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Chen Named ACM Distinguished Scientist

Nina Welding • DATE: November 4, 2014

Danny Z. Chen, professor of computer science and engineering and concurrent professor of applied and computational mathematics and statistics, has been named a Distinguished Scientist by the Association for Computing Machinery (ACM). The Distinguished Member grade of the ACM recognizes members with at least 15 years of professional experience and five years of membership who have achieved significant accomplishments, making a substantial impact on the field of computing. According to Vinton G. Cerf, ACM president, recipients are “the problem solvers, prophets, and producers who are powering the future of the digital age.”

Chen was recognized for “fundamental contributions to geometric computing and medical applications, especially in radiation cancer treatment and medical imaging.”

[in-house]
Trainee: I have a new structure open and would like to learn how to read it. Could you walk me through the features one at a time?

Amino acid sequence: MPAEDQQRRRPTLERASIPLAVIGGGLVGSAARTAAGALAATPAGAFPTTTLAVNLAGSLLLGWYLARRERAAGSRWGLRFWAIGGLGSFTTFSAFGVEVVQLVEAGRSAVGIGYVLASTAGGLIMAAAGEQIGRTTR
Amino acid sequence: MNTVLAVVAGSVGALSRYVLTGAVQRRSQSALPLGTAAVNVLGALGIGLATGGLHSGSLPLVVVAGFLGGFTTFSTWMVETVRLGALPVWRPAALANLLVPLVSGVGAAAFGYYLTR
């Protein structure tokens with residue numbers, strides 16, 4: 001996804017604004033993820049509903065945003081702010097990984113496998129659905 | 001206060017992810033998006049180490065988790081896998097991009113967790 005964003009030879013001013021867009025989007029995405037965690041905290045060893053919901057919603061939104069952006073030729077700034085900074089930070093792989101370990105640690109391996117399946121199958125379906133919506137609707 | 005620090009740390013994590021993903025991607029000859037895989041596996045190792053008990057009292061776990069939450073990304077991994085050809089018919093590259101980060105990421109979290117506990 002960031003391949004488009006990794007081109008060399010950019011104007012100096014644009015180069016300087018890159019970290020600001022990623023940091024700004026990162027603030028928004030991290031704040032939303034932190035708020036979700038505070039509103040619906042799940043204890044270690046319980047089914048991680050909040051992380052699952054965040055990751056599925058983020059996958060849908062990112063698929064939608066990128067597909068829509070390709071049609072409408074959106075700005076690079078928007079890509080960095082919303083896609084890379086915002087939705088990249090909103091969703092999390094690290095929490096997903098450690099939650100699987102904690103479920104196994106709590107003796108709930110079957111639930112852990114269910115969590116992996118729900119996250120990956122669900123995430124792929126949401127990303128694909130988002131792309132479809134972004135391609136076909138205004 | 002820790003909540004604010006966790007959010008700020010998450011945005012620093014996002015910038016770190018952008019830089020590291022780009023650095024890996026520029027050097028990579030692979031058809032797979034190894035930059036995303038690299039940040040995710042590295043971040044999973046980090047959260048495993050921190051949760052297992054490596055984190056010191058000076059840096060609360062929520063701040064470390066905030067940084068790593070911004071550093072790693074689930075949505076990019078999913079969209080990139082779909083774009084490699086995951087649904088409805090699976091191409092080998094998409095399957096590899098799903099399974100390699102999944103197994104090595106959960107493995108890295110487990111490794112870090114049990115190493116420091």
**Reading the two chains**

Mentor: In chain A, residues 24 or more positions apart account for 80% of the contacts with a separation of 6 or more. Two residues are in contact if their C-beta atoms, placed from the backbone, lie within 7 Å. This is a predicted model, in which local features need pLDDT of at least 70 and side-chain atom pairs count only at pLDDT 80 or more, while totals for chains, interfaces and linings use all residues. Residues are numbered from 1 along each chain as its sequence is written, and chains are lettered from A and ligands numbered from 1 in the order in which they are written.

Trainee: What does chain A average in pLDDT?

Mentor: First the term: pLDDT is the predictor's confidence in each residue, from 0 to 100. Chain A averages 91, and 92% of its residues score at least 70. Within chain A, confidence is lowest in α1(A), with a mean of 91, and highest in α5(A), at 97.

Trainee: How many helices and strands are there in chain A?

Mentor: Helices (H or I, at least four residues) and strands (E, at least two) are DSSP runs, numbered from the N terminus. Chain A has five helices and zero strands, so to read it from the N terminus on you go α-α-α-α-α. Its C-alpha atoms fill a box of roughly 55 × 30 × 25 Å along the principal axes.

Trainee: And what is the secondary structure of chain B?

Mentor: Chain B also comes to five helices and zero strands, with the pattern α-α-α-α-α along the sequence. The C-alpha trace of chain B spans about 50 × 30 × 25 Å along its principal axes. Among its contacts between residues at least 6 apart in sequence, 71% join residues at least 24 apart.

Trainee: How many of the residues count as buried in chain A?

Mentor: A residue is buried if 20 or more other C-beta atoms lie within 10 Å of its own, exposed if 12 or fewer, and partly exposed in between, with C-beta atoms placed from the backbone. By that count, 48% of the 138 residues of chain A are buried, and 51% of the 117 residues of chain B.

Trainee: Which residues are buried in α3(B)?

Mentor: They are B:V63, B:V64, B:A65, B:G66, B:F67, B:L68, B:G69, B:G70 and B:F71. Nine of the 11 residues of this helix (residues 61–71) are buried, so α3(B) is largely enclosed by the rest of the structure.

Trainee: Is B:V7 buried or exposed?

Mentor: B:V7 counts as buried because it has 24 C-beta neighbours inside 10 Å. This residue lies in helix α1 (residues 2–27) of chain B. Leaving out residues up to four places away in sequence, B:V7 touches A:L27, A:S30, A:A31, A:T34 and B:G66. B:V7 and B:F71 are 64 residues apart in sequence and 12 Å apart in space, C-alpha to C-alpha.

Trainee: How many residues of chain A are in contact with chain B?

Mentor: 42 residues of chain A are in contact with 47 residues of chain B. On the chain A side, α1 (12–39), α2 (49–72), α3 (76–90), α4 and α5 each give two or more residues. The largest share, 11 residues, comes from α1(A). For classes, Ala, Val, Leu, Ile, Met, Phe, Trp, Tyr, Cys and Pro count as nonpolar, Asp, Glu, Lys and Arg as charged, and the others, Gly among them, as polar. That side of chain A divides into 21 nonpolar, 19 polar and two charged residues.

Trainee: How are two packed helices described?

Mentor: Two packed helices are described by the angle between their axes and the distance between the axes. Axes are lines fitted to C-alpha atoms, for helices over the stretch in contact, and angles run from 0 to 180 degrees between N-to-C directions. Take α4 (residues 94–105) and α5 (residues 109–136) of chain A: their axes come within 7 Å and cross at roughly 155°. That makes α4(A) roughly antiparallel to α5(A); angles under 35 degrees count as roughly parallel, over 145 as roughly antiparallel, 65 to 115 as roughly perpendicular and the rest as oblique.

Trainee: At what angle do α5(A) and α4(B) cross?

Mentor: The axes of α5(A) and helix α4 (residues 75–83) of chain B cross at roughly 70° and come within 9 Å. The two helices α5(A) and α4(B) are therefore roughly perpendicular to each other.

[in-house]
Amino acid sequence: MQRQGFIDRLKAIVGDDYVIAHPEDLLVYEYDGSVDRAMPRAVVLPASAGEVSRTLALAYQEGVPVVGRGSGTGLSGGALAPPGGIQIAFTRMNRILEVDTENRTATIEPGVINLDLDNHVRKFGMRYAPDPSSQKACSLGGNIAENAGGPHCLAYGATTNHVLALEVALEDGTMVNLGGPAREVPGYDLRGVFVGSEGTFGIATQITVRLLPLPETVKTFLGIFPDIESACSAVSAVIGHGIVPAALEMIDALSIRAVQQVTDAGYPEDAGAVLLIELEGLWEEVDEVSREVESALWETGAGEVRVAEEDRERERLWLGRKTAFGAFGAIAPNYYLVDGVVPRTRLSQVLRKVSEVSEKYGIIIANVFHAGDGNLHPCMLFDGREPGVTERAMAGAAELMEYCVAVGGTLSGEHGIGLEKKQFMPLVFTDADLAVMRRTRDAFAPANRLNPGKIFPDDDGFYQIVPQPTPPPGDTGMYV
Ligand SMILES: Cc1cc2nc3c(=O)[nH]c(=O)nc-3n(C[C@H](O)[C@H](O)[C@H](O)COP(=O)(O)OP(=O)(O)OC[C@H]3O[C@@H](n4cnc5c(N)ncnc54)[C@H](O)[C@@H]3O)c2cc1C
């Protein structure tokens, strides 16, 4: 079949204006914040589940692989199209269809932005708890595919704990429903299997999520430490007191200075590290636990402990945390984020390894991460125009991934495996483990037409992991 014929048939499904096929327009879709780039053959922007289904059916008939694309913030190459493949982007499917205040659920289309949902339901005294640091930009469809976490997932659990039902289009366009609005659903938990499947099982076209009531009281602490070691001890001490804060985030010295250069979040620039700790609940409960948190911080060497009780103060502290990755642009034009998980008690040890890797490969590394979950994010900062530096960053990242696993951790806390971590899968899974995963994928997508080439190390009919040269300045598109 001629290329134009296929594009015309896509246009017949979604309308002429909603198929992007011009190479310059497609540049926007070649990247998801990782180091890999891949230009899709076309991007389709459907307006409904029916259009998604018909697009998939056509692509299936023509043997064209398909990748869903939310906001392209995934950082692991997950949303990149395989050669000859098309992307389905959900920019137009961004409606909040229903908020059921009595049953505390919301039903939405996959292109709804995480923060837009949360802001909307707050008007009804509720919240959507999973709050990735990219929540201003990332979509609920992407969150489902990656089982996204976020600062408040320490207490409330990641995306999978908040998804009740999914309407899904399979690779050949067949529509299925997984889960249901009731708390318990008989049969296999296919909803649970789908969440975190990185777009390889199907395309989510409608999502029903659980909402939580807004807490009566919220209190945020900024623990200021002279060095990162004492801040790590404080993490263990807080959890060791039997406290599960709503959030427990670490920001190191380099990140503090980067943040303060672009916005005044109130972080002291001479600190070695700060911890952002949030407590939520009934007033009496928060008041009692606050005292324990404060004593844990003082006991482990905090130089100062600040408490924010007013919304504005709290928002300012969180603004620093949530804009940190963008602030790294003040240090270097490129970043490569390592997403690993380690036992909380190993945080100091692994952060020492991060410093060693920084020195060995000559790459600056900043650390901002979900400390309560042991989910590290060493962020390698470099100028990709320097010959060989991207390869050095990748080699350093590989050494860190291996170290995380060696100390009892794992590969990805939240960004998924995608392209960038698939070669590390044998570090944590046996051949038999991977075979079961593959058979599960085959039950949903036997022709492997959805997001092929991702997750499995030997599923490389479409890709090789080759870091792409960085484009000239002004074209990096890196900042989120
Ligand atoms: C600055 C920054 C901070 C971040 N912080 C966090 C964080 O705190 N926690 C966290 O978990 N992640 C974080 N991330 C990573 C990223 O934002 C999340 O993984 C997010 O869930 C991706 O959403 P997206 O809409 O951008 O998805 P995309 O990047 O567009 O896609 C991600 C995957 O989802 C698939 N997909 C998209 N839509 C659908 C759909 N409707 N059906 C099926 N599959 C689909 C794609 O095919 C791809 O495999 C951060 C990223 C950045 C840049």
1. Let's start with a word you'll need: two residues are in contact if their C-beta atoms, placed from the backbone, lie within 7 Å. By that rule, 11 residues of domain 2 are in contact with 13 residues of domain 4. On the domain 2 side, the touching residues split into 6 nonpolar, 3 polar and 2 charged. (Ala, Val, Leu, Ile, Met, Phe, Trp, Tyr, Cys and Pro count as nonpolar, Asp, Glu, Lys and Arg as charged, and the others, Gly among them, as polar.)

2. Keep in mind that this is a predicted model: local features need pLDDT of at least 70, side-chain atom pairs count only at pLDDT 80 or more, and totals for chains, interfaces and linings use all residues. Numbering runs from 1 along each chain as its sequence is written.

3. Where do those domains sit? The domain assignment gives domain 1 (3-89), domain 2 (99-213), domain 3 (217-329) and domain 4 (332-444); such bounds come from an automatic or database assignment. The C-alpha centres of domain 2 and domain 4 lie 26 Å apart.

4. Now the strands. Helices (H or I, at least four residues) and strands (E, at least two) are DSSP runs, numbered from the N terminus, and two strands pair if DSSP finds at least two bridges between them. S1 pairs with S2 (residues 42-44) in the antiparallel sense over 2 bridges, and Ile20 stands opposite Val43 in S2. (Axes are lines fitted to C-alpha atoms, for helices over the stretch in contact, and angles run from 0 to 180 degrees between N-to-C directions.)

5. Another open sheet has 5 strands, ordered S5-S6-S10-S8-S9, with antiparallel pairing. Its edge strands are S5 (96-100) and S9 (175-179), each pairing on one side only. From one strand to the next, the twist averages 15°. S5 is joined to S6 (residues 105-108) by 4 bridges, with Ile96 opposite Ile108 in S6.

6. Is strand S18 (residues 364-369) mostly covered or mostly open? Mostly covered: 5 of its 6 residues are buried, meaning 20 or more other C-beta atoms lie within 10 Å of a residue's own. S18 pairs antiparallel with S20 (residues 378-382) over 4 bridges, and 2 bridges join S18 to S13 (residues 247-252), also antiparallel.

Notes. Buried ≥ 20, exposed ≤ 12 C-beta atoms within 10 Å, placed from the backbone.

Chen’s research interests encompass the areas of computational geometry and applications, algorithm design and analysis, computational biomedicine, biomedical imaging, parallel computing, and data mining. He was honored for contributions to computational techniques for geometric optimization and medical applications. He has developed a range of efficient sequential and parallel algorithms for solving fundamental geometric, combinatorial, and optimization problems unique to biomedical imaging and radiation therapies — many of which are being used to improve patient diagnoses and treatment outcomes today.
 
A fellow of the Institute for Electrical and Electronics Engineers, Chen holds five U.S. patents for technology development in computer science and engineering and biomedical applications. He has published more than 290 journal and conference papers in these areas. He was selected as a Laureate in the 2011 Computerworld Honors Program for his work in arc-modulated radiation therapy. In addition, he was named a National Science Foundation CAREER Award recipient in 1996.

Chen has also received several teaching honors from the University — including the Outstanding Faculty Teaching Award in 2012, the James A. Burns, C.S.C., Award for Graduate Education in 2009, and the Kaneb Teaching Award in 2004.

The ACM is the world’s largest educational and scientific computing society, uniting computing educators, researchers, and professionals to inspire dialogue, share resources, and address challenges within the field of computing.